MILAN — The latest wave of sanctions on Russia over its Ukraine invasion has thrown the global banking industry deeper into turmoil, as Western countries try to squeeze Moscow’s access to cash for its economy and international trade.
Some Russian banks will be excluded from the SWIFT international payments system and, crucially, other sanctions target the country’s central bank to stop it from using its foreign reserves.
The moves aim to undermine Moscow’s ability to weather the wider economic sanctions but they also impact Western banks which are exposed to Russia’s economy.
The European arm of Sberbank, Russia’s biggest lender, faces failure, the European Central Bank has said, after a run on its deposits sparked by the crisis.
In Europe, Italian and French banks have the largest Russian exposure, representing just over $25 billion each at the end of September, followed by Austrian banks with $17.5 billion, data by the Bank of International Settlements (BIS) show.
The exposure of US banks totals $14.7 billion, according to BIS data.
Following are some of the banks with significant Russian exposure.
The US bank on Monday said its total exposure to Russia amounted to nearly $10 billion.
Citigroup listed Russia as 21 among its top 25 country exposures with $5.4 billion of loans, securities and funding commitments at end-2021 — 0.3% of overall exposures based on a regulatory filing.
On Monday, Citigroup gave more details, taking the count for “total third-party exposure” to $8.2 billion. That includes $1.0 billion in cash at the Bank of Russia and other financial institutions and $1.8 billion of reverse repos.
Citigroup also said it has $1.6 billion of exposures to additional Russian counterparties outside of its Russian subsidiary that are not included in that $8.2 billion.
As a comparison, Goldman Sachs Group Inc reported in a filing last month $293 million in net exposure to Russia, as well as a total of $414 million of market exposure as of December 2021.
RAIFFEISEN BANK INTERNATIONAL (RBI)
The Austrian lender’s Russian business ranks as the country’s ninth largest bank by loans. With overall assets of 15.8 billion euros, it employs around 8,700 staff to serve more than 4.5 million customers.
Its equity of 2.4 billion euros represents 18% of consolidated equity.
RBI has operated in Russia since the collapse of the Soviet Union and its business there contributed almost a third to the group’s net profit of 1.5 billion euros ($1.66 billion) last year.
RBI’s Russian exposure totalled 22.85 billion euros, more than half relating to the corporate private sector, it said in its 2021 results presentation.
Russia’s central bank accounts for 8% of RBI’s exposure to the country, sovereign entities for 4% and Russian banks for 2%, based on the presentation.
The overall figure comprises 11.6 billion euros in customer loans (or 11.5% of the group), more than 80% of which are in Russian rubles.
Cross-border exposure to Russia is only 1.6 billion euros with no parent funding from Vienna. Raiffeisen also holds 2.2 billion euros in loans to Ukrainian customers.
Provisions against losses cover 64.3% of RBI’s impaired exposures in Russia.
RBI Chief Executive Johann Strobl told Reuters this week that the group’s Russian subsidiary “had a very strong liquidity position and [was] recording inflows.”
Societe Generale started doing business in Russia in 1872 then left the country in 1917, the year of the Bolshevik revolution, to return in 1973. It has 1.5 million local customers.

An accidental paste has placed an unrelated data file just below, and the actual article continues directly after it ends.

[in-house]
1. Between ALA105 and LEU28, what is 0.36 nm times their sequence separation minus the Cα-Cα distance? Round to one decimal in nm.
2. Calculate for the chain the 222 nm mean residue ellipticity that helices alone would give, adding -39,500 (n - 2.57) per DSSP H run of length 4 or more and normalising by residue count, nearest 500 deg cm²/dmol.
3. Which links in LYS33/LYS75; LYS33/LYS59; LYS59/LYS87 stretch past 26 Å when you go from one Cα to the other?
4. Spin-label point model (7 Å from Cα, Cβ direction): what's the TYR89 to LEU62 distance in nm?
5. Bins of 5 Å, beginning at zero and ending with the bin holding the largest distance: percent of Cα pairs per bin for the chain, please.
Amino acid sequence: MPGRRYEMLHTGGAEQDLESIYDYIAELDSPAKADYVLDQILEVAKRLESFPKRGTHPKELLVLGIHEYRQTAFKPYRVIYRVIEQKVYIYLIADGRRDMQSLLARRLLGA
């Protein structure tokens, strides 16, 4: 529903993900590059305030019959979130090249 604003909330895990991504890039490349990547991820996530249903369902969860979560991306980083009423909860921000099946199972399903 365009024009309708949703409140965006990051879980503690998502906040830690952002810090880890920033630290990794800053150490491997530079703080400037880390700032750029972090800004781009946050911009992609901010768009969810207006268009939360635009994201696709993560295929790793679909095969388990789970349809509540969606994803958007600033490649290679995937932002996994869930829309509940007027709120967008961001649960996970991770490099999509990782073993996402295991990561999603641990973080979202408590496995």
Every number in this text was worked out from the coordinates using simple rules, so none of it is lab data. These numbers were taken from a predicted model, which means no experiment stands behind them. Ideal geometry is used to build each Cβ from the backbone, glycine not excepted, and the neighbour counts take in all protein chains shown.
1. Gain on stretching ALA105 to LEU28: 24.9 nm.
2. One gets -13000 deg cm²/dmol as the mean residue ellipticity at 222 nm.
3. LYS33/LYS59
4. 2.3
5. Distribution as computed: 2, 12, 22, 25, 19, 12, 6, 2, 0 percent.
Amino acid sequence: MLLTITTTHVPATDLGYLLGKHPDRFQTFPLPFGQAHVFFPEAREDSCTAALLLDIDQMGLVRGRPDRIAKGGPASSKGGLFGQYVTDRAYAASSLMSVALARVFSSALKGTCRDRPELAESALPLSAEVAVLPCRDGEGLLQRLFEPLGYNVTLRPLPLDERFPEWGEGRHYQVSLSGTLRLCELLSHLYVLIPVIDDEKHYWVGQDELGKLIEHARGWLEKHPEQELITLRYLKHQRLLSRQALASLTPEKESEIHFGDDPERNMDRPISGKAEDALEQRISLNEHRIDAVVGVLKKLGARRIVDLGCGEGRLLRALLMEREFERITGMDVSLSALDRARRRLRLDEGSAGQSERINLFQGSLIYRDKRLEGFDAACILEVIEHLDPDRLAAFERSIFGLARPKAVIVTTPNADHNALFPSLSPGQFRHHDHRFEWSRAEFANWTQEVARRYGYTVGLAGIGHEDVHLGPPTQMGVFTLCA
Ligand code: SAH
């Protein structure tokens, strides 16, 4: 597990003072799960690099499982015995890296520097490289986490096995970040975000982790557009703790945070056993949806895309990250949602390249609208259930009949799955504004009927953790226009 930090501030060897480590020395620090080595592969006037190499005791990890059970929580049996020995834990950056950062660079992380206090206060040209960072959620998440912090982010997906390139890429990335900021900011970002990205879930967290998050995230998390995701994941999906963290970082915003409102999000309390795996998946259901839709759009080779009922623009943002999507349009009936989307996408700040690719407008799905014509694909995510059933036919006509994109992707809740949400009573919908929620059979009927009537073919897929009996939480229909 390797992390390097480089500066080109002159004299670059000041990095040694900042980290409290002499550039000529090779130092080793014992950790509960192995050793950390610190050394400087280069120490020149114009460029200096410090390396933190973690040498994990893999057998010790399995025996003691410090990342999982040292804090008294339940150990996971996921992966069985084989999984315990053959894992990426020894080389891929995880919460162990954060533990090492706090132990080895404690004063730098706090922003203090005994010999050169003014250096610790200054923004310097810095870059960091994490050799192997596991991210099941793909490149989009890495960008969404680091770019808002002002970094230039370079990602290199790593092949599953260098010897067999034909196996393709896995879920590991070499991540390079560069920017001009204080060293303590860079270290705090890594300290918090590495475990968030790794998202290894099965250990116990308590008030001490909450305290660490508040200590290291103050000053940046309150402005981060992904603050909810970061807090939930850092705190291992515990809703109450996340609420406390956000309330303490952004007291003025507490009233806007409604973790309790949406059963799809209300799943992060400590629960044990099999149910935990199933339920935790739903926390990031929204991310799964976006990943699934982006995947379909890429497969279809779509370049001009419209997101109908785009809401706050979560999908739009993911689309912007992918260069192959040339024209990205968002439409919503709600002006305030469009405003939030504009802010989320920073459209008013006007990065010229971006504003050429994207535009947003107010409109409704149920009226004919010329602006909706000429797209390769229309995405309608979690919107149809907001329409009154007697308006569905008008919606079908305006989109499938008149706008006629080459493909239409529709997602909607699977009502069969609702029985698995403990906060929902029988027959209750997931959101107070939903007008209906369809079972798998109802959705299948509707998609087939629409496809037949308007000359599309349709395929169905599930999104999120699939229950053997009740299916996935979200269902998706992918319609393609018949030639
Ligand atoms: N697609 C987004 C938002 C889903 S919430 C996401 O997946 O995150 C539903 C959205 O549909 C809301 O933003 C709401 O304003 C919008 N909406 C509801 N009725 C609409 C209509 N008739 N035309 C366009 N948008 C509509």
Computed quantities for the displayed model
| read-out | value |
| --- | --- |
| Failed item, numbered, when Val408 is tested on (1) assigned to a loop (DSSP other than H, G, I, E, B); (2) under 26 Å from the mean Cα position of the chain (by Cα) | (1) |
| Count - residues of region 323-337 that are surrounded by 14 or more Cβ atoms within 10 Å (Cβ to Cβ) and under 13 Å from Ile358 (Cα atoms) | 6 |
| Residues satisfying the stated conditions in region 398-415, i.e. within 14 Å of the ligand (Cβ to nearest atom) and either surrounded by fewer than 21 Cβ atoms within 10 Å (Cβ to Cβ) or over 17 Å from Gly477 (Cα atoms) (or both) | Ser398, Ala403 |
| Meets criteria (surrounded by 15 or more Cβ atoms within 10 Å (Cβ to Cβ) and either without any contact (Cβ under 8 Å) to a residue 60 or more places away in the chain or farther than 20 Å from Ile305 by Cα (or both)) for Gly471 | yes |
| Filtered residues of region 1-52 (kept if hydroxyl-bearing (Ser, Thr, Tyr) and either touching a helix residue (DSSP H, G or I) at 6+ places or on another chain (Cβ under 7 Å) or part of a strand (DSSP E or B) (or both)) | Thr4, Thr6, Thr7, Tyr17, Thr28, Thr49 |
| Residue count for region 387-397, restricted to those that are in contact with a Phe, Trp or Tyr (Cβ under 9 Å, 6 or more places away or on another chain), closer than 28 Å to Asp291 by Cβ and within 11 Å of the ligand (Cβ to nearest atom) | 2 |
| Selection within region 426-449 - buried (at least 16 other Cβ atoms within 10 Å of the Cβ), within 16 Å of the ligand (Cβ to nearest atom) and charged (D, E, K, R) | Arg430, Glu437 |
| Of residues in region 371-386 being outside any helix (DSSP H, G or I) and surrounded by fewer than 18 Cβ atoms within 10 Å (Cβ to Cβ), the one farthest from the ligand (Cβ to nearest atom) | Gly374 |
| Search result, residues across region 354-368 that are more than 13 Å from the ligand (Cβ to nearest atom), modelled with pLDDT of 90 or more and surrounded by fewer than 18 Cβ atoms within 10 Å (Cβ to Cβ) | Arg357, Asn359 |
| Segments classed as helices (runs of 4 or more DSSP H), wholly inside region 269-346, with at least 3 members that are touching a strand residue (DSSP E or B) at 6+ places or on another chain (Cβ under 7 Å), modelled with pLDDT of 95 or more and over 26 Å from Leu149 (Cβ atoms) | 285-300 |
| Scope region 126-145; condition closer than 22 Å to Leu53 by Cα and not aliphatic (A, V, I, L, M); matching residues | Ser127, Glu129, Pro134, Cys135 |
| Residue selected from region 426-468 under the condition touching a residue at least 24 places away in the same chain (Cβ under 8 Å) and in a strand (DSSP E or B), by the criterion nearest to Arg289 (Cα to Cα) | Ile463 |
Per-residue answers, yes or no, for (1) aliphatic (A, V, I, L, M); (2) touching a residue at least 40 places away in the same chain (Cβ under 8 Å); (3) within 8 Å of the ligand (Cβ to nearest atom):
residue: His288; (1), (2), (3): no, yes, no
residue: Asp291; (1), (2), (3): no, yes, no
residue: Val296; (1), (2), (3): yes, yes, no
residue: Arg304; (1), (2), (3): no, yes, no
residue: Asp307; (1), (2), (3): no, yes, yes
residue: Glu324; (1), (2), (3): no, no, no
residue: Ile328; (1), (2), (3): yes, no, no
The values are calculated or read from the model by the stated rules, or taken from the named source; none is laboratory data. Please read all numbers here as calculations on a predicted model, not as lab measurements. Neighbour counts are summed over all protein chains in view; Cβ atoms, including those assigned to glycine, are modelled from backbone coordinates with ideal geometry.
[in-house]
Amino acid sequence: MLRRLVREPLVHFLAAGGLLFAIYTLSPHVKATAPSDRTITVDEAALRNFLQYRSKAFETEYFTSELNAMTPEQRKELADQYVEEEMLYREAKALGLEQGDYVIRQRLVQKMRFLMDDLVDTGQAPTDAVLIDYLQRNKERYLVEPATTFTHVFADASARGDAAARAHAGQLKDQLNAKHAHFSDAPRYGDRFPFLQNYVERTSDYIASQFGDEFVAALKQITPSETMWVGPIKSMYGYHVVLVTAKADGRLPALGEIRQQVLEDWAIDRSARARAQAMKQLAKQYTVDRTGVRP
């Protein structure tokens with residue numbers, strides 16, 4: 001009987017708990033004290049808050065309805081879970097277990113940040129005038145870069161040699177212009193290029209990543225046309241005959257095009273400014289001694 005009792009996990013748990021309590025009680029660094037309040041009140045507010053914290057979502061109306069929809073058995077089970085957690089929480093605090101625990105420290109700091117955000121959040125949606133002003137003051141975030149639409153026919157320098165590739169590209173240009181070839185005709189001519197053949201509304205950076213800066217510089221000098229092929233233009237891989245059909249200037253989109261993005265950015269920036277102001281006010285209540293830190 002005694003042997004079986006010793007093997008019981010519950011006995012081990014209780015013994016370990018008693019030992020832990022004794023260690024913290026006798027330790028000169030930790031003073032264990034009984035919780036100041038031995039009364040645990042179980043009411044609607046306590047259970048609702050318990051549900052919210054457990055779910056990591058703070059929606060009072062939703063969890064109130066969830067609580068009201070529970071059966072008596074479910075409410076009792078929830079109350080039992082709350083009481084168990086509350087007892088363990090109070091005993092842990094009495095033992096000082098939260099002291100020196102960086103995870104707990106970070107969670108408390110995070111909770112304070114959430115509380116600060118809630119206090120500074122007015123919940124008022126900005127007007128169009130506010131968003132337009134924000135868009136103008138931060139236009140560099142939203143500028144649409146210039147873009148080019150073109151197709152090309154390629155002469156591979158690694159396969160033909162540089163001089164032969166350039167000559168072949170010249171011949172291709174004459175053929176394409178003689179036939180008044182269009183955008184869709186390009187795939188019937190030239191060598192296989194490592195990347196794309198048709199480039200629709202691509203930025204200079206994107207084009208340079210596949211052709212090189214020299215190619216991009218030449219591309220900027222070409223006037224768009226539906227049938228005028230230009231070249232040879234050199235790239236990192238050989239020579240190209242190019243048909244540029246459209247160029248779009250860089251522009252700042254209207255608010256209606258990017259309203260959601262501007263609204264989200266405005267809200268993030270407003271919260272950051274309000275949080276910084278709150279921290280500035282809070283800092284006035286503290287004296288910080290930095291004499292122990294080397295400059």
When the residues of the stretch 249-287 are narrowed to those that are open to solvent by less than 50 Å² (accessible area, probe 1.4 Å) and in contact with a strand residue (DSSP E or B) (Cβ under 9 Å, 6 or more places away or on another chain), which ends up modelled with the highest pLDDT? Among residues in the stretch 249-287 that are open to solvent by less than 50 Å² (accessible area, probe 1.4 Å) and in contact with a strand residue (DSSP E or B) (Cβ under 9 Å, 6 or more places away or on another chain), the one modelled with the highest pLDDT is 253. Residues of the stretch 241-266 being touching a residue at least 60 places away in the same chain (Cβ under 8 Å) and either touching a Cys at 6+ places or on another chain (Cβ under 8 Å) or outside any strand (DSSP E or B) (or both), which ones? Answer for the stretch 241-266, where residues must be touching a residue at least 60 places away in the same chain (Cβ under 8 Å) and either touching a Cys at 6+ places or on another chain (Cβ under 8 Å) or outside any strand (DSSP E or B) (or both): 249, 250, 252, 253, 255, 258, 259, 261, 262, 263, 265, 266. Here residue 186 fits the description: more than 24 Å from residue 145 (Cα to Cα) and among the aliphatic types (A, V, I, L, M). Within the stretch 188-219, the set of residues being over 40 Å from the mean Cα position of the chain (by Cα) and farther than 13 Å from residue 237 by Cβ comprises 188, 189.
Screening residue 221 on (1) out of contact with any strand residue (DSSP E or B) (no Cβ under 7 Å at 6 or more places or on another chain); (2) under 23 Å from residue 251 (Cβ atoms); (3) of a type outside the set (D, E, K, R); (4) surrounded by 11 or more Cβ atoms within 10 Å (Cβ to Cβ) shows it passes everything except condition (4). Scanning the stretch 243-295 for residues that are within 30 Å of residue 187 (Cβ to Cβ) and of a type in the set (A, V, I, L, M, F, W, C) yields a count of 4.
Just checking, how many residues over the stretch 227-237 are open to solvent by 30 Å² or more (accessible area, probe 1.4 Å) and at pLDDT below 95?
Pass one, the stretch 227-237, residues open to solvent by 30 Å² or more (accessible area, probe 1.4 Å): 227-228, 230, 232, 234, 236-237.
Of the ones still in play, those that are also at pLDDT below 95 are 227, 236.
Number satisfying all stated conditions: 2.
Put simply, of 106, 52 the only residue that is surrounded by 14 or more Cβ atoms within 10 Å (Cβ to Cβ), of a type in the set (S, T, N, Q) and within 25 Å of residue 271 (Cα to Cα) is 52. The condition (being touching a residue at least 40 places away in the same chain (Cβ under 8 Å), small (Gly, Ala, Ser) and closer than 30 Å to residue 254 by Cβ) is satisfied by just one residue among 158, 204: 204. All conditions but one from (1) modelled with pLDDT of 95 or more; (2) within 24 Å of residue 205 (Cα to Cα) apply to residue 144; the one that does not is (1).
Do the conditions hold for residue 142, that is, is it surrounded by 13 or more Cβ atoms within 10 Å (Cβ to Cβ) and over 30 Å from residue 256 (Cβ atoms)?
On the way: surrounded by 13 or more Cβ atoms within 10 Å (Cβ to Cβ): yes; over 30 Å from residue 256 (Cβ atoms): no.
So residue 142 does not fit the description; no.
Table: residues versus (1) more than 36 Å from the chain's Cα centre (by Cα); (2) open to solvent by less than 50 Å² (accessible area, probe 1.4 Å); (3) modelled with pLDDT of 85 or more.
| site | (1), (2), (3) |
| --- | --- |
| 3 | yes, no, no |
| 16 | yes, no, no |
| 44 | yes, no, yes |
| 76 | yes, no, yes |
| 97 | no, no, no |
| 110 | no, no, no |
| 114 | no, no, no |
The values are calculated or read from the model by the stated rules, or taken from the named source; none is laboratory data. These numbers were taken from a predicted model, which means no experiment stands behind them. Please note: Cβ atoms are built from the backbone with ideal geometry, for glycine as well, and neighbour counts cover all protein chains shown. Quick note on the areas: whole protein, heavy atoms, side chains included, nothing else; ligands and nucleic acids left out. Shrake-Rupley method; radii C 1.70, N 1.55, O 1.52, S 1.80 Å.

Societe Generale, which controls Russian bank Rosbank, had 18 billion euros of overall exposure to Russia at the end of last year – or 1.7% of the group total.
That includes both on- and off-balance sheet items (for example a credit line that has not yet been tapped).
Of SocGen’s Russian exposure, 39% is to the corporate sector and 36% to retail. Sovereign entities account for 21%, financial institutions for 4%.
Actual loans grew 13.3% last year to 10.5 billion euros.
Its Russian retail business — to which 1.05 billion euros of capital was allocated on average last year — produced 115 million euros in 2021 net income, up from 37 million euros in 2020. Including financial services, net income at SG Russia was 152 million euros, versus 76 million in 2020.
The bank said it had implemented measures to adapt to the new sanctions and that Rosbank continued to operate in a “safe manner.”
The Italian bank’s Russian subsidiary ranks as the country’s 14th largest bank. UniCredit Russia’s 2.3 billion euros in equity accounts for 3.7% of the group’s total.
UniCredit’s “exposure at default” relating to Russia totaled 14.2 billion euros as of mid-2021.
Of that, around 8 billion euros are loans extended by the Russian arm and locally funded.
The rest includes off-balance sheet items and cross-border loans mainly granted by UniCredit SpA towards large corporates outside of Russia.
UniCredit said last week its Russian franchise accounted for only around 3% of group revenues and provisions covered 84% of its non-performing exposures.
Italy’s biggest bank has financed major investment projects in Russia, such as the Blue Stream gas pipeline and the sale of a stake in oil producer Rosneft. It handles more than half of all commercial transactions between Italy and Russia.
Intesa’s loan exposure to Russia was 5.57 billion euros at the end of 2021, or 1.1% of the total.
Its subsidiaries in Russia and Ukraine have assets, respectively, of 1 billion euros and 300 million euros, which together represent just 0.1% of the group’s total assets.
The Dutch bank has around 4.5 billion euros in outstanding loans with Russian clients and around 600 million euros with clients in Ukraine, out of a total loan book worth more than 600 billion euros.
ING said many sanctions against Russia had been in place since 2014. — Valentina Za/Reuters